Why am I ranting about this, now? Because the exact same principle applies to backpacking insurance. Just because it’s never happened to you or anyone you know before, it doesn’t mean it never will.
The costs to benefits ratio is – actually – great
I know what most of you are thinking: why pay for something that you are hoping you will never use? Because to be fair, it is not that expensive, and once you think about the cover that even the most basic backpacker travel insurance will provide, then it’s not bad value at all. After all, it’s better to pay a policy that costs a mere $2 USD per day (yes, that cheap!) than having to pay thousands in case something happens. Your good luck costs just $2 USD. If you ask me, that’s totally worth it.
And if you don’t have that extra $2 USD per day, then maybe you shouldn’t be traveling altogether. Work for a little longer, save a little more and postpone your trip when you can make sure you can actually fully afford it in a more responsible, sensible manner – backpacker insurance included.
So, What’s A Good Backpacker Travel Insurance?
There are hundreds of good insurance companies out there. However, researching which policy is the best for a long term trip that involves visiting more than one foreign country; during which you may be off grid at times; during which you may be practicing adventure sports; while you will be carrying all sorts of gear such as cameras, laptop and other electronics – may take you weeks. And let’s face it, shopping for backpacker insurance isn’t exactly fun.
I like SafetyWing, a good insurance perfect for people who, like me, move around a lot, going from one country to another and hardly know their itinerary in advance, and carry their job with them.
SafetyWing is a very affordable insurance (it starts at $37 per 4 weeks). It is a fantastic combination between a great medical insurance for travelers, and a great old school travel insurance. At the moment, SafetyWing doesn’t cover electronics (so it’s better for those who don’t carry too many valuables with them) and extreme adventure sports – however, they are working on adding these two options in the next couple of months.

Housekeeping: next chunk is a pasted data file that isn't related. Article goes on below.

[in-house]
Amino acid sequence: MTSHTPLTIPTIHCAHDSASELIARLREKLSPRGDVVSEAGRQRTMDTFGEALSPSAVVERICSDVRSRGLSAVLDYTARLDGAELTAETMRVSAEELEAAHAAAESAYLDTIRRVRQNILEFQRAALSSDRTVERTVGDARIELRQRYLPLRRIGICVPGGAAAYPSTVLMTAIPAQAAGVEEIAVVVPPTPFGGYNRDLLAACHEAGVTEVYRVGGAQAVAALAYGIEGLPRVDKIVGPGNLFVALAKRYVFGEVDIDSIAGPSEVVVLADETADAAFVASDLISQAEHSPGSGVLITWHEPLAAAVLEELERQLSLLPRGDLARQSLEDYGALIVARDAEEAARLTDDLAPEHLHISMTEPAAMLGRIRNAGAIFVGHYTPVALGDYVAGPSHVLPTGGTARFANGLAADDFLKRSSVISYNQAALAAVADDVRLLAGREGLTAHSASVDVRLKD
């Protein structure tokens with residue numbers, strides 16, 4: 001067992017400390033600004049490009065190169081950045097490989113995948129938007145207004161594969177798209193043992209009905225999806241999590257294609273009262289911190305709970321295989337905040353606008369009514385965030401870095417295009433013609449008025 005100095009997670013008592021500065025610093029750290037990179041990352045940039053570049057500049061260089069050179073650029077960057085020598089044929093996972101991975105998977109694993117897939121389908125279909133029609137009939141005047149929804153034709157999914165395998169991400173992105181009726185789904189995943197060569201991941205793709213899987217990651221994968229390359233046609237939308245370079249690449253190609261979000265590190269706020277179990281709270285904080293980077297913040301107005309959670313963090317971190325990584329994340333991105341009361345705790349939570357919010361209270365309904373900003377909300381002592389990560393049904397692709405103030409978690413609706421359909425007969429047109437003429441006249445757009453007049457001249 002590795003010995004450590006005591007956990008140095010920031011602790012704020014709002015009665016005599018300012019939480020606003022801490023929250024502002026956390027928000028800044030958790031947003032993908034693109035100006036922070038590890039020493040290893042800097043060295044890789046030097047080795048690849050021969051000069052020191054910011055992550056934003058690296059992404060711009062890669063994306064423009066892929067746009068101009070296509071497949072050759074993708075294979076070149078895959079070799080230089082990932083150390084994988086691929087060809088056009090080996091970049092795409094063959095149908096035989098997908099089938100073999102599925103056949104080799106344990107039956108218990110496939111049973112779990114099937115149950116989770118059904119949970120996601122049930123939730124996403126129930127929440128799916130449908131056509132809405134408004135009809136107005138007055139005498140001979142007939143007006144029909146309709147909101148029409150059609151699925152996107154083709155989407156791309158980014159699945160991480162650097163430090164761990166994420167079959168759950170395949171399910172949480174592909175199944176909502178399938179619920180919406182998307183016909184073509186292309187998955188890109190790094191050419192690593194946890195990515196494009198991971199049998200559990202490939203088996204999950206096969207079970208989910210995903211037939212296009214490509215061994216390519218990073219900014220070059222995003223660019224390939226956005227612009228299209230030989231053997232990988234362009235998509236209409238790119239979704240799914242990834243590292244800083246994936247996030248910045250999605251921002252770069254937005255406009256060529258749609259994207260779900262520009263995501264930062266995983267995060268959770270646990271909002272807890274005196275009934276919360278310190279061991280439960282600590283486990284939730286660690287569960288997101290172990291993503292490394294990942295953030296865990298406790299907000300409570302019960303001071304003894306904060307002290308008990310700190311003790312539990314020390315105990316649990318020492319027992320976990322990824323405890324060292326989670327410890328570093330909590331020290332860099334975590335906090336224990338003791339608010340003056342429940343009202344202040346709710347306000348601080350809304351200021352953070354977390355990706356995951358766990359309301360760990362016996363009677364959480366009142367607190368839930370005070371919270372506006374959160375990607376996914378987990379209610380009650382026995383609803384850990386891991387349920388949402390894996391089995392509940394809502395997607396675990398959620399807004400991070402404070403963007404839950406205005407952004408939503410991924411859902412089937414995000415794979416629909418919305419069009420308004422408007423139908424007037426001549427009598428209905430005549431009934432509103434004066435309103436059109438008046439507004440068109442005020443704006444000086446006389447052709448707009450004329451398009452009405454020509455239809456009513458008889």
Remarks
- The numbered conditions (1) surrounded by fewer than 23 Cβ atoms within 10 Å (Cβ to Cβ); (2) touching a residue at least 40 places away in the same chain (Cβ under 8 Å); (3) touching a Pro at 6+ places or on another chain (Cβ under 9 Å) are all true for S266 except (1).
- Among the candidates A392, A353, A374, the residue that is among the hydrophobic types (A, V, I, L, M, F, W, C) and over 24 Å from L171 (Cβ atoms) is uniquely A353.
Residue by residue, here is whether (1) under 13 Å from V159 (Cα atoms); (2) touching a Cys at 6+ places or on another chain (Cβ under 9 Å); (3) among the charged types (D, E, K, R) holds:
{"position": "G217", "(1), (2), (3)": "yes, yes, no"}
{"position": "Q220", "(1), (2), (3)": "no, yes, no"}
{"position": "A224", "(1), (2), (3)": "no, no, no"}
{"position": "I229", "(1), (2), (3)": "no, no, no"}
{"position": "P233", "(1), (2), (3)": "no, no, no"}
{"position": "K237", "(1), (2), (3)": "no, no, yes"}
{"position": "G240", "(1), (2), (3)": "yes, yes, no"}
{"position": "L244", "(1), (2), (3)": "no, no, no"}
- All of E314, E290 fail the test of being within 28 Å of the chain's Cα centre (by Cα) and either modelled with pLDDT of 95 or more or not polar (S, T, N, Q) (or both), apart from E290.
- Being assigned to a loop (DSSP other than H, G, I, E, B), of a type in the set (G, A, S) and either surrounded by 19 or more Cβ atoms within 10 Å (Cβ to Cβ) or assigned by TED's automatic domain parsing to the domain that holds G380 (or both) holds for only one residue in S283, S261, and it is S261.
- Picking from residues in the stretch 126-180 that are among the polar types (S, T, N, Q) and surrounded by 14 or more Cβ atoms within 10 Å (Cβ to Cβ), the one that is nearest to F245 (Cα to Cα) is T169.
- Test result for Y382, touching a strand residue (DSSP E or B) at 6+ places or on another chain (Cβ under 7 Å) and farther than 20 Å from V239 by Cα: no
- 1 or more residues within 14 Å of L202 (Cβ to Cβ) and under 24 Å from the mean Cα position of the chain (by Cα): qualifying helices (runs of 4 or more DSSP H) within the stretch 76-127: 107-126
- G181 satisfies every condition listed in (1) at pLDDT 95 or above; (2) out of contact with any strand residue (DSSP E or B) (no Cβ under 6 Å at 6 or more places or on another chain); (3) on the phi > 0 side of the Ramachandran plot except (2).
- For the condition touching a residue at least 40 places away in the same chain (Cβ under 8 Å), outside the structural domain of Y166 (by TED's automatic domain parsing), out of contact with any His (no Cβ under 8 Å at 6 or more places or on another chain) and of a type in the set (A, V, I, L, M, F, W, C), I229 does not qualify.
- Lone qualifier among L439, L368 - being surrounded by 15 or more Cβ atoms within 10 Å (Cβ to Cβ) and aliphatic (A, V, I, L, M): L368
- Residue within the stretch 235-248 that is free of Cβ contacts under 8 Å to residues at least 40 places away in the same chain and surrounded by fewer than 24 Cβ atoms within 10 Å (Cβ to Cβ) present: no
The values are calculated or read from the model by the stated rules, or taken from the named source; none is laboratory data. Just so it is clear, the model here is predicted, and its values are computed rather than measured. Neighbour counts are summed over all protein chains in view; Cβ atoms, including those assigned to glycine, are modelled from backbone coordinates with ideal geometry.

What I like about it is that it works like a subscription: you pick a start date and can cancel whenever you want. There is no maximum duration for your trip (so it’s perfect even if you don’t have a return date set) and you can set up monthly auto-renewal so that you can be sure your coverage won’t expire. And instead of paying it all at once for a year (if you are traveling that long) you just pay every month – so you don’t have to shell out a huge chunk of money all at once.
Another great advantage of SafetyWing is that it actually gives you some (limited) coverage in your home country. In my case, I still get free medical assistance in Italy by virtue of being still a resident (this is where I pay all my taxes!), but I know that in some countries like the US you need to have a health insurance, so this is very convenient.
The actual final monthly cost of SafetyWing depends on a number of factors – ie your age and the countries you will be visiting (it’s going to be more expensive if you plan to visit the US). Each quote is personal, so I recommend visiting SafetyWing website to get a quote for your personal backpacker travel insurance.
What You Should Do After Buying Your Backpacker Travel Insurance
Once you finally got convinced and bought a good travel insurance, there are a few things you should do before you set off for the trip of a lifetime.
First of all, make a note of your policy number, your insurance emergency contact number and its e-mail. Download a copy of the policy: keep one for yourself, making sure it is easily accessible even if you don’t have internet; and share a copy with a family member or your best friend. Make sure to also keep a copy in the cloud – just in case!
Most year long policies have auto-renewals, so you don’t have to worry about it expiring. This is the same for SafetyWing, which you pay in monthly installments. If your backpacker insurance doesn’t renew automatically, set up a reminder a couple of weeks before it’s meant to expire.
Final Thoughts On Getting A Backpacker Travel Insurance
I suppose you get the idea of how important I think having a good backpacker insurance is. I’ve had to use my travel insurance a bunch of times, and it really helped me. What you need to understand is that life is unpredictable, and even when we want to be optimistic and keep a positive attitude, we can’t foresee the future.
I always hope that I won’t have to make use of my travel insurance, and I sincerely hope you don’t have to use it either. But in case it is necessary, I am glad I bought it. It helps me face unexpected emergencies, and it is a responsible thing to get as an adult.
Have you ever had to use your backpacker travel insurance? Let me know in the comments!
Legal Disclaimer: This post was written in cooperation with SafetyWing. The views provided remain my own.